If you are familiar with Norse legends, you would know what a troll is. Trolls are supernatural beings, a race of giants in Icelandic mythology or goblins in the Scandinavian tradition, who were mostly evil although they could be extremely generous to humans who helped them. In later stories, they were depicted mostly as ugly dwarves, feared for their malicious habit of stealing babies and cattle and kidnapping princesses.
The grotesque image of the troll persisted through the ages until the internationally famous writer and illustrator of children's books Tove Jansson turned that around in the 1940s and created the endearing Moomin family. The Moomin trolls, as any well-read child would tell you, are friendly, humane creatures living in a tough world where disasters, big and small, are always around the corner.
The latest avatar of the troll lurks not in the dark forests or in caves but continues to come upon unsuspecting victims when least expected. This feared creature is a denizen of the shining new world of technology and big business and is pejoratively called the patent troll. In current folklore, a patent troll is a person (or company) who buys up patents, not for his own use but to license the intellectual property (IP) to others.
The overriding image of the patent troll is of an entity that relentlessly hounds companies, individuals and institutions that it thinks has incorporated the IP in any patents that it owns in a product without due permission. The patent troll's main activity is the business of suing and it is a creature more reviled than the troll of mythology ever was.
So it was interesting to read a report that the biggest ands scariest one of them all, Intellectual Ventures, founded by the redoubtable Nathan Myhrvold, had come to India. Intellectual Ventures, according to the Wall Street Journal, has more than 20,000 patents and patent applications 'related to everything from lasers to computer chips.'
Myhrvold was the chief strategist and chief technology officer of Microsoft before he sent up Intellectual Ventures, an idea that he owes to Bill Gates. Microsoft had a huge patent liability problem with a seemingly endless line of people suing the company for infringement of their patents. It was then that Myhrvold came up with the idea of accumulating patents under one roof to manage them better. His rationale: it is more efficient for companies to deal with him than thousands of patent holders. The transaction costs alone make it worthwhile for companies to pay Intellectual Ventures its steep fees.
And these are as steep as they come. Reports last month said that the company had secured between $ 200 million and $ 400 million as licence fees from big names like Verizon Communications and Cisco Systems. Myhrvold's business genius extends further. He is also purported to be raising several hundreds of million dollars from such companies for an equity stake in a patent-holding investment fund.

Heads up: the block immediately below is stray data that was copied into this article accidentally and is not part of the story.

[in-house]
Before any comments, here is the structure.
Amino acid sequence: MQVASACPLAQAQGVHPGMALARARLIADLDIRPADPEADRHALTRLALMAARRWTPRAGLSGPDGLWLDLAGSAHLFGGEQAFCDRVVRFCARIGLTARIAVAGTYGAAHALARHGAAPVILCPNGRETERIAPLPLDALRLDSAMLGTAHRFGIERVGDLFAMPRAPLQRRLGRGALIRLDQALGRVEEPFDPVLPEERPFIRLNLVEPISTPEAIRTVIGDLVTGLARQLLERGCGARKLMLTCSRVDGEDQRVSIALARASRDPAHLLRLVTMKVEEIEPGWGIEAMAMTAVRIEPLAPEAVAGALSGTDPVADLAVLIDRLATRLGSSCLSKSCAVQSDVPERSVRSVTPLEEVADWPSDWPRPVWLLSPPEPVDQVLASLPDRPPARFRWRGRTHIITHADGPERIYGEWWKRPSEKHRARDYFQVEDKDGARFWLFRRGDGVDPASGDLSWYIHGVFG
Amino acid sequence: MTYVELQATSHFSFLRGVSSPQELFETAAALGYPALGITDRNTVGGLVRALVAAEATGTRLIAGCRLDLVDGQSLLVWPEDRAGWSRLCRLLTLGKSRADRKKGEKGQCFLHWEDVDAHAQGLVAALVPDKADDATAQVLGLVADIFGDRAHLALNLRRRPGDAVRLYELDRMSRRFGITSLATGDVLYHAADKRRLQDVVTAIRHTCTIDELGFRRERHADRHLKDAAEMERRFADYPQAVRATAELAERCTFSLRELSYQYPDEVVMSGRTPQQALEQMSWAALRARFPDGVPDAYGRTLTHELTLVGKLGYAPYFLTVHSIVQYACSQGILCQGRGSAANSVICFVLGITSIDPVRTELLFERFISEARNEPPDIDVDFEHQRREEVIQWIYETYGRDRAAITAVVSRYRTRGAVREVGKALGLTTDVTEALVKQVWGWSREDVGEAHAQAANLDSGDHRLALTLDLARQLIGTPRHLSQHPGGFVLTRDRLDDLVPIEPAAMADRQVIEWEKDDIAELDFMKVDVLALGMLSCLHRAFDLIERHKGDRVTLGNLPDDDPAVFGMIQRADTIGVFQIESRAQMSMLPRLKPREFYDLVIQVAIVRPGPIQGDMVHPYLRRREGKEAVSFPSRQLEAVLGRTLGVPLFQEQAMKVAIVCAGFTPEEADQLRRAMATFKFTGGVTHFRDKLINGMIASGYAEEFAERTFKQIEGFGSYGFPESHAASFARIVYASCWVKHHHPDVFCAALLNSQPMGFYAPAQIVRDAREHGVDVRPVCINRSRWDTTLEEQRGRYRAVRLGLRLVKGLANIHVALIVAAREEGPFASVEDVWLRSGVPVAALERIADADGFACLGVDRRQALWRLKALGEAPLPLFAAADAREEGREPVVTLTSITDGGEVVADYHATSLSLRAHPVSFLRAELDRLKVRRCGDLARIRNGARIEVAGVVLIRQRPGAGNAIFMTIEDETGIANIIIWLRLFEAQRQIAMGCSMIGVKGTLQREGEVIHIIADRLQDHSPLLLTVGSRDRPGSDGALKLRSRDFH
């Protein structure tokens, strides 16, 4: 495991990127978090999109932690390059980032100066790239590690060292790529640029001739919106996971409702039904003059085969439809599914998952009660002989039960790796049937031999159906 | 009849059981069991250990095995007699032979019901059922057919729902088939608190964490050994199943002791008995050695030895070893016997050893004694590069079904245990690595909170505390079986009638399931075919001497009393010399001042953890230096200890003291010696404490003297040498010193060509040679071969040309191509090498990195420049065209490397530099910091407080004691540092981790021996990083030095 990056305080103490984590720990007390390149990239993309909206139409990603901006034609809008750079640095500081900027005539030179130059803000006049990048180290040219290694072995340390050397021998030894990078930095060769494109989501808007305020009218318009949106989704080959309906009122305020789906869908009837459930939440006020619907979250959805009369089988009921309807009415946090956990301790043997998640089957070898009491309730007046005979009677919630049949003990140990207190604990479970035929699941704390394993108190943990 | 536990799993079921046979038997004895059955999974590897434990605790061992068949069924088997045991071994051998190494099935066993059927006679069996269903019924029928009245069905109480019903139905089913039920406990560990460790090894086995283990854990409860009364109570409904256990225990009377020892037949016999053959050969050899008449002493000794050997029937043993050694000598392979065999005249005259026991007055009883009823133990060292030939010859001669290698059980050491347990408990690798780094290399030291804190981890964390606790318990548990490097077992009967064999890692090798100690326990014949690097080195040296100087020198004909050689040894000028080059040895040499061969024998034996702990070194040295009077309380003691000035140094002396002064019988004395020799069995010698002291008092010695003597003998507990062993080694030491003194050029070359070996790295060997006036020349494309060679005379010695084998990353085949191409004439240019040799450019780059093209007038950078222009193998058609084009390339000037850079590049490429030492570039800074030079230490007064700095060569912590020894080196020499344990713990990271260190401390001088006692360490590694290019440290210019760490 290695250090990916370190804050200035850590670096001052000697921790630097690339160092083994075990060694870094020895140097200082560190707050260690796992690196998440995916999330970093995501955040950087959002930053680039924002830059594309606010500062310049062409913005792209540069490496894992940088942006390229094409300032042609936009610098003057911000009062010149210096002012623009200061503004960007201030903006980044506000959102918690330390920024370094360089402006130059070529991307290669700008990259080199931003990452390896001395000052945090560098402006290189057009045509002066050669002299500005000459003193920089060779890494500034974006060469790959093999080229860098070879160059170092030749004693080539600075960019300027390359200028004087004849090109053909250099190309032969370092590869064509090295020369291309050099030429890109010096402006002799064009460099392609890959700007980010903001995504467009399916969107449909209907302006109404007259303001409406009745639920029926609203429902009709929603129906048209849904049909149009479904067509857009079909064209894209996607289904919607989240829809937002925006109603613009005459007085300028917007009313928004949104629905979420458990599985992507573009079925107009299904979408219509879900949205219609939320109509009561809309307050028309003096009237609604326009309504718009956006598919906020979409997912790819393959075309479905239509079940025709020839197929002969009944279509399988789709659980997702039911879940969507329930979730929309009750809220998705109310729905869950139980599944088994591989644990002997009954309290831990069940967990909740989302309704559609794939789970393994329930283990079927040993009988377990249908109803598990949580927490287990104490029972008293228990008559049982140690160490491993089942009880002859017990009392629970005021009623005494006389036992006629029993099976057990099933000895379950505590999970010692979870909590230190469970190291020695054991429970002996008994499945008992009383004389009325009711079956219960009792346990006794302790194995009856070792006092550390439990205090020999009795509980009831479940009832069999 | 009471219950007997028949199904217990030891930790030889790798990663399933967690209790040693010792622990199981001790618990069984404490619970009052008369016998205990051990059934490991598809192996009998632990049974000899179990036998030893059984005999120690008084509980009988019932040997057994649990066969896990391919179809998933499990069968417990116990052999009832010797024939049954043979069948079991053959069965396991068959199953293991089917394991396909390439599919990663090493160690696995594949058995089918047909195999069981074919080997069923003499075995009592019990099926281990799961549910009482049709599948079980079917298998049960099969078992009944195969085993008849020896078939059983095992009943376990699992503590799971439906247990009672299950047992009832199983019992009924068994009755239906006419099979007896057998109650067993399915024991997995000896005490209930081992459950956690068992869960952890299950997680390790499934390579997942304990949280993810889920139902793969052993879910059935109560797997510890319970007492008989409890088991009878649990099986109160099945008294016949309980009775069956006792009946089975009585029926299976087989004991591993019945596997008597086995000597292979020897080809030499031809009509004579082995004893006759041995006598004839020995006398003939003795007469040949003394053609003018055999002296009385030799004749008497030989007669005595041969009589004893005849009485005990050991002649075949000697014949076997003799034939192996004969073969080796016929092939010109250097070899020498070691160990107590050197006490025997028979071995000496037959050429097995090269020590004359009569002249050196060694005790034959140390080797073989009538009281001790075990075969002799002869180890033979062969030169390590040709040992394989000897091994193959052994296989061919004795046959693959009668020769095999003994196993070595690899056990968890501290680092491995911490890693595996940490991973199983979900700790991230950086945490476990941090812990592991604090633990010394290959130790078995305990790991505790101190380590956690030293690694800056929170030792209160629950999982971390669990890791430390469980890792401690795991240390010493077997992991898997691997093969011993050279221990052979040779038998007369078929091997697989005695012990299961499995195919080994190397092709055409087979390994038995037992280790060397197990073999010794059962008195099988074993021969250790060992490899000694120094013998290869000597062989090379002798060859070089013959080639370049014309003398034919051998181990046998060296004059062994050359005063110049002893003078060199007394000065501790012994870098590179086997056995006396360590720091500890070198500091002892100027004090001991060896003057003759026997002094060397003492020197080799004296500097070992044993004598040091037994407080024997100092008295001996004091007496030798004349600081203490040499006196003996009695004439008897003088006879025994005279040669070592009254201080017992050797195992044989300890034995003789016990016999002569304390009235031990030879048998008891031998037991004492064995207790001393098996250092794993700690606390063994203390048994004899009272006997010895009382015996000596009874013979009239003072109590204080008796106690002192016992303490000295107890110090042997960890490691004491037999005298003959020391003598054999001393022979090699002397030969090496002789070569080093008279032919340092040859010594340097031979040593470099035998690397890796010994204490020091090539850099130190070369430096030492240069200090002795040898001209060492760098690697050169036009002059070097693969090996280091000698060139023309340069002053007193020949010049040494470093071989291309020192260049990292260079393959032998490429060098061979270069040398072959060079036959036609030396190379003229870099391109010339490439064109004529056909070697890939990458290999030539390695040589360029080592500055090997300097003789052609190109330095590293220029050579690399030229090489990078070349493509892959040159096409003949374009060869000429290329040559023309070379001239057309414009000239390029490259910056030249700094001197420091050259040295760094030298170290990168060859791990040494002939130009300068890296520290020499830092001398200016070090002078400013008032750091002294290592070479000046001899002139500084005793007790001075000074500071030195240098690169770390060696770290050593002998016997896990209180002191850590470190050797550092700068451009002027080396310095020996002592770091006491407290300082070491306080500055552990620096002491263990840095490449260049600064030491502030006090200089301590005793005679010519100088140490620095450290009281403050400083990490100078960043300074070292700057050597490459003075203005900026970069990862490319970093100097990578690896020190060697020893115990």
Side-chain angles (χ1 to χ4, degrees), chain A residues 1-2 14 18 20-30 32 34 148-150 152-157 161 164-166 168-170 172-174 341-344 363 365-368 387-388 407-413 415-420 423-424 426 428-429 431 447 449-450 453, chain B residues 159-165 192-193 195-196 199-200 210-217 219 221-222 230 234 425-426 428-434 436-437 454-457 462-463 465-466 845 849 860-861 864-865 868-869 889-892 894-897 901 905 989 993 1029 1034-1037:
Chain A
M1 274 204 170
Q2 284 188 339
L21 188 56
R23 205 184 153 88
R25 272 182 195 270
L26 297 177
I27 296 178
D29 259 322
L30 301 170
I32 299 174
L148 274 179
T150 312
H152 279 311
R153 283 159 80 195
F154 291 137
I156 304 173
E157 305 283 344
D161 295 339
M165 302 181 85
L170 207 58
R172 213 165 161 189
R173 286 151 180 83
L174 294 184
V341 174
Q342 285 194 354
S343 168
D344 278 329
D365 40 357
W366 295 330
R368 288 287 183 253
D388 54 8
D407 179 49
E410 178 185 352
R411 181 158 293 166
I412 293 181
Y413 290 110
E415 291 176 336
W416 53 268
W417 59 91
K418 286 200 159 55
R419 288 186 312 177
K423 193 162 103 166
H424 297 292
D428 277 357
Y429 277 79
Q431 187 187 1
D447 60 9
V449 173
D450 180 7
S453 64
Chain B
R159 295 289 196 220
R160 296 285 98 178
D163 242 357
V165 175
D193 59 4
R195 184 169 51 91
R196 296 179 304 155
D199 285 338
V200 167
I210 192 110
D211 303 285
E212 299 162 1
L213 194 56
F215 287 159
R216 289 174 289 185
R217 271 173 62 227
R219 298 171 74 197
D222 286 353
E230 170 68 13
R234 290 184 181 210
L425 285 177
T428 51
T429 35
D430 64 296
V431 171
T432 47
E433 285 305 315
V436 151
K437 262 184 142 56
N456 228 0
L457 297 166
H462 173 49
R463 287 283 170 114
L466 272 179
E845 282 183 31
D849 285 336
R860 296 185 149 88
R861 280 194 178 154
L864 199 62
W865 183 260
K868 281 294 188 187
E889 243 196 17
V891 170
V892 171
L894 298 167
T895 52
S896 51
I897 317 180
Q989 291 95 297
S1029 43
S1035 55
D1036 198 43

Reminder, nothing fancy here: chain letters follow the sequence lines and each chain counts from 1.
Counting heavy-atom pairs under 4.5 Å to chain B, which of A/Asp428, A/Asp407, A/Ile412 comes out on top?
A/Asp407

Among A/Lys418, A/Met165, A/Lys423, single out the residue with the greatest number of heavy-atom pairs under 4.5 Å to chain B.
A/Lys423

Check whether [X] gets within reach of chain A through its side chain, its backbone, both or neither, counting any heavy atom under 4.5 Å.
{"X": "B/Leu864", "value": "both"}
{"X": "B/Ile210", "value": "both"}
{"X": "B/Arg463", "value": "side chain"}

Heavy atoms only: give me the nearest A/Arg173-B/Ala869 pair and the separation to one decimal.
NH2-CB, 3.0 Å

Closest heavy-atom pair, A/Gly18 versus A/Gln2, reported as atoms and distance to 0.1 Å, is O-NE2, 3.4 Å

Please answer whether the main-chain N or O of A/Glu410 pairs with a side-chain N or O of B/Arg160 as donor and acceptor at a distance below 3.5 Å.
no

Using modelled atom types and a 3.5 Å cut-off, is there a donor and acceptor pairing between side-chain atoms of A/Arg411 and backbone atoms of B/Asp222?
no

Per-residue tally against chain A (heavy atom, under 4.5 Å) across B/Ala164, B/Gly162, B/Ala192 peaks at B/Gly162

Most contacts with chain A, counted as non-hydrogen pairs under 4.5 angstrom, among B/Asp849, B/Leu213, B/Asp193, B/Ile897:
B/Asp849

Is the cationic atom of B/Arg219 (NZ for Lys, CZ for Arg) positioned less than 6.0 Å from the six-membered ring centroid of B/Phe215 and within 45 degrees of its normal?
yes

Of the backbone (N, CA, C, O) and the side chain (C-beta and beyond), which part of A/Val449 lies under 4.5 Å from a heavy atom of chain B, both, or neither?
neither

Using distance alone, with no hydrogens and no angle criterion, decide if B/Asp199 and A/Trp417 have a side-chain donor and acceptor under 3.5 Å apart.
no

Are they enough pickings for an enterprise of this nature in India? Are any of our companies so well endowed as to afford his fees?
The daily Mint claims that Intellectual Ventures has struck deals with the Indian Institute of Science in Bangalore and the Indian Institute of Technology-Bombay to buy their patents. In what must be a coup, Myhrvold's company is reported to be close to clinching an agreement with the Council for Scientific and Industrial Research, the umbrella organisation of India's sprawling public research institutes. CSIR is sitting on some 3,000 patents, most of which it has not been able to monetize.
Intellectual Ventures's debut here coincides with the news that CSIR is considering a move to transfer its patent lode to an independent holding company that will manage it professionally. The patents would be monetised in various ways, licensing being one option. Could Myhrvold's firm become the first to benefit from such an initiative? Perhaps. And it is possible, too, that Indian research may benefit from the canny American's business model.
If some of the folktales portrayed trolls in a kindly light, so do a few of today's mythmakers about the patent troll. Some academics believe trolls are actually good for the patent system because they act as dealers or market intermediaries.
James F McDonough of Emory Law School, for one, argues that patent dealers make the patent market more efficient by providing liquidity, market clearing and increased efficiency -- much the same benefits that securities dealers supply to capital markets. He stoutly refutes the common view that patent trolls stunt innovation and pile up unnecessary litigation.
He could be right in some ways. But patent trolls can never be the sunny creatures that Jansson gave us. We will have to wait to find what creature actually lurks in the patent shadows.